NWC is supporting a whistleblower in a SEC petition to hold social media companies accountable for allowing looters of antiquities to run smuggling operations from their websites. War-torn countries with rich cultural heritages, such as Syria, have seen an explosion of looting, oftentimes to finance terrorist activity by the Islamic State and others. As explained in a recent BBC report, looters and buyers connect on Facebook and coordinate their illegal transactions. NWC is providing support to the whistleblowers who brought evidence of Facebook’s role as facilitator, and deceptive statements downplaying this role, to the SEC. As written by the BBC,
Facebook is being used by networks of traffickers to buy and sell looted antiquities…. The BBC has also seen evidence that antiquities are still being smuggled from Iraq and Syria into Turkey, despite a police clampdown and the retreat of the Islamic State group.
In a statement, Facebook said coordinating illegal activity was not allowed on the site “and following the BBC’s investigation we have removed 49 groups”.
But Professor Amr al-Azm of Shawnee State University stated that these groups remain active on Facebook even after this alleged removal. He has spent two years researching hundreds of Facebook groups, many of which are private and often have thousands of members. Professor al-Azm is a co-author of the article entitled “How Facebook Made It Easier Than Ever to Traffic Middle Eastern Antiquities” in World Politics Review.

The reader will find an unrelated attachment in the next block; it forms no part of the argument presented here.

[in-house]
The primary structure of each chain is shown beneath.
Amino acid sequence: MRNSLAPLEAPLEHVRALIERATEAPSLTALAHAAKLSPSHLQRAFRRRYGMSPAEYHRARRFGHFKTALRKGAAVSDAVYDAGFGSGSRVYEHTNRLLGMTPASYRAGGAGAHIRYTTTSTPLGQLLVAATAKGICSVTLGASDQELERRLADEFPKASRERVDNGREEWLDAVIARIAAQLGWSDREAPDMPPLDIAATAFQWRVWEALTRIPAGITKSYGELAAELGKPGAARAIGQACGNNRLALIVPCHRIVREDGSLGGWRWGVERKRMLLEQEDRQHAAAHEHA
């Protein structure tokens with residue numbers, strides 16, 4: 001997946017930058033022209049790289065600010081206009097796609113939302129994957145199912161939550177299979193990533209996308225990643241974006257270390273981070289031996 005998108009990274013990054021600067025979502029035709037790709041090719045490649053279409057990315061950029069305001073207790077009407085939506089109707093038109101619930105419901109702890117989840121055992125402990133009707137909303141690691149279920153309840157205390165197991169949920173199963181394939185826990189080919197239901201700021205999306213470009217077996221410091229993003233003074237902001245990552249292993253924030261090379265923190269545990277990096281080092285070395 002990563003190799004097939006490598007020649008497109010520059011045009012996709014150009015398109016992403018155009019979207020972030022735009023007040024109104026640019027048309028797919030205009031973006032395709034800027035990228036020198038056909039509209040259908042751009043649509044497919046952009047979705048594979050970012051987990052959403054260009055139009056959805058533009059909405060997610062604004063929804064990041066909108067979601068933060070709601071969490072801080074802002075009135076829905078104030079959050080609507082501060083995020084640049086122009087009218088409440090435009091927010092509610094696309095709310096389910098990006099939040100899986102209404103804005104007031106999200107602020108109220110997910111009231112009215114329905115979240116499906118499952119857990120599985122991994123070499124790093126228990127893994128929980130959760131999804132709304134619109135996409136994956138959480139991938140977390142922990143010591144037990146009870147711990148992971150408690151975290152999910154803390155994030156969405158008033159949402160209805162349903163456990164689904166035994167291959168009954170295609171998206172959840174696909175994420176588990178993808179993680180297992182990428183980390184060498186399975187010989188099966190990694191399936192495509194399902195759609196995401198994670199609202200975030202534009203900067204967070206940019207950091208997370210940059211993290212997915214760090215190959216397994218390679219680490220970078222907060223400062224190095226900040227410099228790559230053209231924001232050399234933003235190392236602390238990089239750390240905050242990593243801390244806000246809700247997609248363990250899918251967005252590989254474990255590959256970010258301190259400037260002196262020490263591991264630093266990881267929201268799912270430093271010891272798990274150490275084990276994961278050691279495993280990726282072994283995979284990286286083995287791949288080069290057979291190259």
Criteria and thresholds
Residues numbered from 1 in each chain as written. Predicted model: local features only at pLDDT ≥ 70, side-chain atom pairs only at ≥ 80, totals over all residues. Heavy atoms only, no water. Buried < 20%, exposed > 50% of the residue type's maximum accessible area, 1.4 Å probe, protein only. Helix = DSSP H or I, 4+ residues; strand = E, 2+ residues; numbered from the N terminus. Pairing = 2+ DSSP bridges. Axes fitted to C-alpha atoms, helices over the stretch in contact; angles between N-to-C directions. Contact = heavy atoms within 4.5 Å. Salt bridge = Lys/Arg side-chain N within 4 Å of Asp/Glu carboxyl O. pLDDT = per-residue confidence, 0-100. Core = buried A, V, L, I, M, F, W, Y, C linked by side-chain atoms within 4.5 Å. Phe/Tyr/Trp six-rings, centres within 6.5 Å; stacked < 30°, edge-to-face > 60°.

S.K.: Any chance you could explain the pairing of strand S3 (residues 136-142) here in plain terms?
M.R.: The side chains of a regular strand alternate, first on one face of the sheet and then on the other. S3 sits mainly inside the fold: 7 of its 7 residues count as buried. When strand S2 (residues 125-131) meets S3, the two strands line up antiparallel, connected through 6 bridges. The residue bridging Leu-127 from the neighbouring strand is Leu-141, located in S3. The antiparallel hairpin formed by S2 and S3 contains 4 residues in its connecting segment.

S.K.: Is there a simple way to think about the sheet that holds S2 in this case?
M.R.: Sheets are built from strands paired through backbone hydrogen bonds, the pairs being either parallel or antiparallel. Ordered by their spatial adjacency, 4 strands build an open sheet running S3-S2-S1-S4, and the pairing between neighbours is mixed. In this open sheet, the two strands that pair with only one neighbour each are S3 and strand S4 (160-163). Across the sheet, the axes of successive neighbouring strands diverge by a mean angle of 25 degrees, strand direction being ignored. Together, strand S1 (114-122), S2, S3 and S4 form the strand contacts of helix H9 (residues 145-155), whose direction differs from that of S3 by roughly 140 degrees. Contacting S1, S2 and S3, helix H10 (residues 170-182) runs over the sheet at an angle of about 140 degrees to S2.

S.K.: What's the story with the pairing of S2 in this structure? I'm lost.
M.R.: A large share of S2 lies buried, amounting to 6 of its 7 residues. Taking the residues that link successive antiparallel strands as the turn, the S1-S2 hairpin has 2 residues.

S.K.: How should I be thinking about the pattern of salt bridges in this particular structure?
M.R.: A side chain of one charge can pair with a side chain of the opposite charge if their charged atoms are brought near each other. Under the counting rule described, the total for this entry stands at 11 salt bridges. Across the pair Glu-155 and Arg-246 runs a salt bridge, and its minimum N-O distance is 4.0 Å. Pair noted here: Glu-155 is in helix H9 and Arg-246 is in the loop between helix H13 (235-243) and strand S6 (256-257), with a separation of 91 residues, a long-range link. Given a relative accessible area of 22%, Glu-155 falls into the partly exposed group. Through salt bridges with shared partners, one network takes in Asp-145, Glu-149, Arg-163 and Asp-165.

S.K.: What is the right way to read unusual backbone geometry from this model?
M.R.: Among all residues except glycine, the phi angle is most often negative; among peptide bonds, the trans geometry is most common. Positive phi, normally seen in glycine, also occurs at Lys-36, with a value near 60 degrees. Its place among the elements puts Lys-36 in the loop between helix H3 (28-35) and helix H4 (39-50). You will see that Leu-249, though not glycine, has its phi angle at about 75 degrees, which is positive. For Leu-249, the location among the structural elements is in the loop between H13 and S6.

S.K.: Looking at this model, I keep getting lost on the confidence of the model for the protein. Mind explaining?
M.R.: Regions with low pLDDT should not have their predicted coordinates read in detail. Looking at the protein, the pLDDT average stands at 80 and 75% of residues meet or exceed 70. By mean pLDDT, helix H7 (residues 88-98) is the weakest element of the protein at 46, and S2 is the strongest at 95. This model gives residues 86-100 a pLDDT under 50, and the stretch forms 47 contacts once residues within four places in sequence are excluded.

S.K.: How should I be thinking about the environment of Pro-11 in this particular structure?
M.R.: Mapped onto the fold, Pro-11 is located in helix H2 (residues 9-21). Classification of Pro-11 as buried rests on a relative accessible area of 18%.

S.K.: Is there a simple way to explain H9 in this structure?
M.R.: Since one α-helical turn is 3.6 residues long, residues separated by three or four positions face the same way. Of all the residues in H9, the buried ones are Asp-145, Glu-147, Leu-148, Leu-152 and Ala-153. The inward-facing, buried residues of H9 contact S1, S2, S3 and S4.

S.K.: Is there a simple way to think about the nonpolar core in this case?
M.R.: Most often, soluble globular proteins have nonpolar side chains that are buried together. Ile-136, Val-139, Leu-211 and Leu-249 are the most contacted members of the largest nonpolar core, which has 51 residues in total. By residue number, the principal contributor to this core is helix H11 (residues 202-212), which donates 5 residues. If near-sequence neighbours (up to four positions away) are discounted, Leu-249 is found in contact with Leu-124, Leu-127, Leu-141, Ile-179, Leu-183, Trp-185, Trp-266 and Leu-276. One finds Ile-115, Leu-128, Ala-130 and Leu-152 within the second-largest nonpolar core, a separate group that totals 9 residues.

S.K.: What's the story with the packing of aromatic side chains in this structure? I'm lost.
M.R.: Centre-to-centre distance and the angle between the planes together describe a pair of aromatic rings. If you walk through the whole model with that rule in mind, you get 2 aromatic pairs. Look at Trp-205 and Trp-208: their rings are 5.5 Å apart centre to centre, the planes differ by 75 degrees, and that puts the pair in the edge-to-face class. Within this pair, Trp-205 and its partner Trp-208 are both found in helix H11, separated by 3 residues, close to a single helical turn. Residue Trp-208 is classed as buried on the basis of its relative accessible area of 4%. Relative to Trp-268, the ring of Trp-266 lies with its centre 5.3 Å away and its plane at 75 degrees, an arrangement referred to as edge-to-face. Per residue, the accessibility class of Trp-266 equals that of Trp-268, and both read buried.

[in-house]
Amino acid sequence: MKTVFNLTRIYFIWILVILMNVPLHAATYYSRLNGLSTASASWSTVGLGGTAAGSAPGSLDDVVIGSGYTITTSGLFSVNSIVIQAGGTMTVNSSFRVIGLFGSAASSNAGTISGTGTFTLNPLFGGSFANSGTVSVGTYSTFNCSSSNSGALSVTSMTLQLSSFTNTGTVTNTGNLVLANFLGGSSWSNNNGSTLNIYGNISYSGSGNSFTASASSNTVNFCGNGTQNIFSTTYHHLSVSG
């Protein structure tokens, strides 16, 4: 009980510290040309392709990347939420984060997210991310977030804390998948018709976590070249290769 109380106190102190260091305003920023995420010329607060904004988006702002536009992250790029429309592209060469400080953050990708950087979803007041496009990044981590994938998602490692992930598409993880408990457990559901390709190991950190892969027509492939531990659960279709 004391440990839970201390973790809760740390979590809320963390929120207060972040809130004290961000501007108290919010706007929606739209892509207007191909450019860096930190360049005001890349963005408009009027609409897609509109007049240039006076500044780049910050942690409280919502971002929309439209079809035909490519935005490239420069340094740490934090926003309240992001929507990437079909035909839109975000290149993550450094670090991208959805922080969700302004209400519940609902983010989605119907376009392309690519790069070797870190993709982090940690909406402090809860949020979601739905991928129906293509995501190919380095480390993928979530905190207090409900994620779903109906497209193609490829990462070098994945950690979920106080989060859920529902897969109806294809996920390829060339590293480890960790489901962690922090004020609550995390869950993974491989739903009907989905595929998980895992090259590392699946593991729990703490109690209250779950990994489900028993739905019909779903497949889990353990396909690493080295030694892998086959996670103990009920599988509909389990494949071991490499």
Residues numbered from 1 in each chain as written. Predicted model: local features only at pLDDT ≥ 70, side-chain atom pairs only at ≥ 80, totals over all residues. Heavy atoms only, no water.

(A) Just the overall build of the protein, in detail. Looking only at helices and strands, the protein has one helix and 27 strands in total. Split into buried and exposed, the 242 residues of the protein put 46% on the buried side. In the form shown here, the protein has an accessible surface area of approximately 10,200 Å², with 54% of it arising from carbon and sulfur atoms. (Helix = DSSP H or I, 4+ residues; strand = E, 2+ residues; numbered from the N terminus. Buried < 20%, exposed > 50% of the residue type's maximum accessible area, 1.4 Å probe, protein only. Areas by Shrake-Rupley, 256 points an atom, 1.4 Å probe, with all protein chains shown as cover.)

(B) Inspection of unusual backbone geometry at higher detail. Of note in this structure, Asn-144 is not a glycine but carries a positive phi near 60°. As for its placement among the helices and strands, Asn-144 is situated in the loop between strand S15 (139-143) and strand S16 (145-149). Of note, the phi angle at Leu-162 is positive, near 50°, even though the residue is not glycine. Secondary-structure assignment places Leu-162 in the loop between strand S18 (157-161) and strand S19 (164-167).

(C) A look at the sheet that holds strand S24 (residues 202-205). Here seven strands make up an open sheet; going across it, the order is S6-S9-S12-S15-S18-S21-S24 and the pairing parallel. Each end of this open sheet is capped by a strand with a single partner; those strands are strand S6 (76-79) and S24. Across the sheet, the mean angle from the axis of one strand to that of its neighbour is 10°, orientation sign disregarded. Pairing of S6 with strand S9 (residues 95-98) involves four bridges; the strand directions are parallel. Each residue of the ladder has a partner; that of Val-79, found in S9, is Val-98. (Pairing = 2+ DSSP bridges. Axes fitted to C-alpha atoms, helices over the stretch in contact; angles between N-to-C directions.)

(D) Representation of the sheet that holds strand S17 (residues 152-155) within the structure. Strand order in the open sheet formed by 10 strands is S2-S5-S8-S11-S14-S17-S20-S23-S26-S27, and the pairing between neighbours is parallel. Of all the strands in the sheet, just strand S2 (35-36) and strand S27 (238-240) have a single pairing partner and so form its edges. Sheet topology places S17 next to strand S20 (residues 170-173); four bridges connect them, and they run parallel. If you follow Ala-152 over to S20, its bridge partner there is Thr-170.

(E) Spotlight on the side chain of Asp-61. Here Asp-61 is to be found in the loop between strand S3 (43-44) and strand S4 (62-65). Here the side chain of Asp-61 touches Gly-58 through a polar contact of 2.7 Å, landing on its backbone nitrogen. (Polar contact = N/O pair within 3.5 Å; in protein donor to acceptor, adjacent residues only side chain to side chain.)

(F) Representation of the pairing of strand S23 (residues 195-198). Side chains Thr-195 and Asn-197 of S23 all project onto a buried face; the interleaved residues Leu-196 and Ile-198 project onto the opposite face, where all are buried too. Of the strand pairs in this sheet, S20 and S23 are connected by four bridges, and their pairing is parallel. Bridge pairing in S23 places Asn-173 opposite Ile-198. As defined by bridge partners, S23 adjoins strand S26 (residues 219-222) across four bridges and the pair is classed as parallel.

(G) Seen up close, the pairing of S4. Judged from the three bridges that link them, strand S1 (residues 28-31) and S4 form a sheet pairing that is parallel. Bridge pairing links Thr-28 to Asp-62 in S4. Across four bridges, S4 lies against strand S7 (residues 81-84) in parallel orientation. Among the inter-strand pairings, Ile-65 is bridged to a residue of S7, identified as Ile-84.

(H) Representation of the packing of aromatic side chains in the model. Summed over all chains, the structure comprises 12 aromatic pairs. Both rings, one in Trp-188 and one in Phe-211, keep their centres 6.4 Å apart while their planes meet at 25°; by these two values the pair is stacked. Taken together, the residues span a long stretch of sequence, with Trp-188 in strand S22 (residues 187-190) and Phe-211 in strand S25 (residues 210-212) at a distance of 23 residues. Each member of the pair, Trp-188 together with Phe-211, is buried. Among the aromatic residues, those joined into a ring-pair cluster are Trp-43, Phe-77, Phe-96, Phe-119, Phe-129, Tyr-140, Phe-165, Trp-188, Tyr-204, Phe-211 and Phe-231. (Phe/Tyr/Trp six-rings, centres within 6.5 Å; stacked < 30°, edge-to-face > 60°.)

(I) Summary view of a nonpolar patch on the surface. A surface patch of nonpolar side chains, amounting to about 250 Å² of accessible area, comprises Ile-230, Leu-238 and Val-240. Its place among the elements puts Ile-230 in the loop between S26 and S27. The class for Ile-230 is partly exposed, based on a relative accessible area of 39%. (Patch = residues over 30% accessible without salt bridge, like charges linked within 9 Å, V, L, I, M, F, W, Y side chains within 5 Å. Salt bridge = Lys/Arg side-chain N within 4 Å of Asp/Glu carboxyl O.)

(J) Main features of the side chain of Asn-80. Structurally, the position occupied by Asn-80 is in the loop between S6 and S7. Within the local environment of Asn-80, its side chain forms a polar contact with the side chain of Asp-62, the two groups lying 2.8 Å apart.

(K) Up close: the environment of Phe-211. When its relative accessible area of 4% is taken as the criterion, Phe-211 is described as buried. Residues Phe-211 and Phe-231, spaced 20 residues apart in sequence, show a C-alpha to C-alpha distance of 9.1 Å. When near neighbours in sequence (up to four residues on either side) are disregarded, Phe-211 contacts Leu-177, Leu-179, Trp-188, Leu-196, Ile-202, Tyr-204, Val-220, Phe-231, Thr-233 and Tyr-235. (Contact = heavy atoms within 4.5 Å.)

The full and updated report, titled “Facebook’s Black Market in Antiquities,” is online and fully accessible here. A CBS News video segment on the report is available here. The report notes how,
Facebook’s “Groups” feature, which allows users to create and control a contained network of individuals with “shared interests,” has become a facilitator for the expansion of antiquities trafficking networks. The Groups provide a seamless environment for digital interactions and cross-border networking between users interested in buying and selling antiquities, allowing them to communicate efficiently and discretely. The ATHAR Project’s report covers nearly two-years of investigative research and incorporates a case study on Groups based in Syria.
The report page also includes a document of items from the ICOM Red List for Middle East and North African countries that have been shared on Facebook.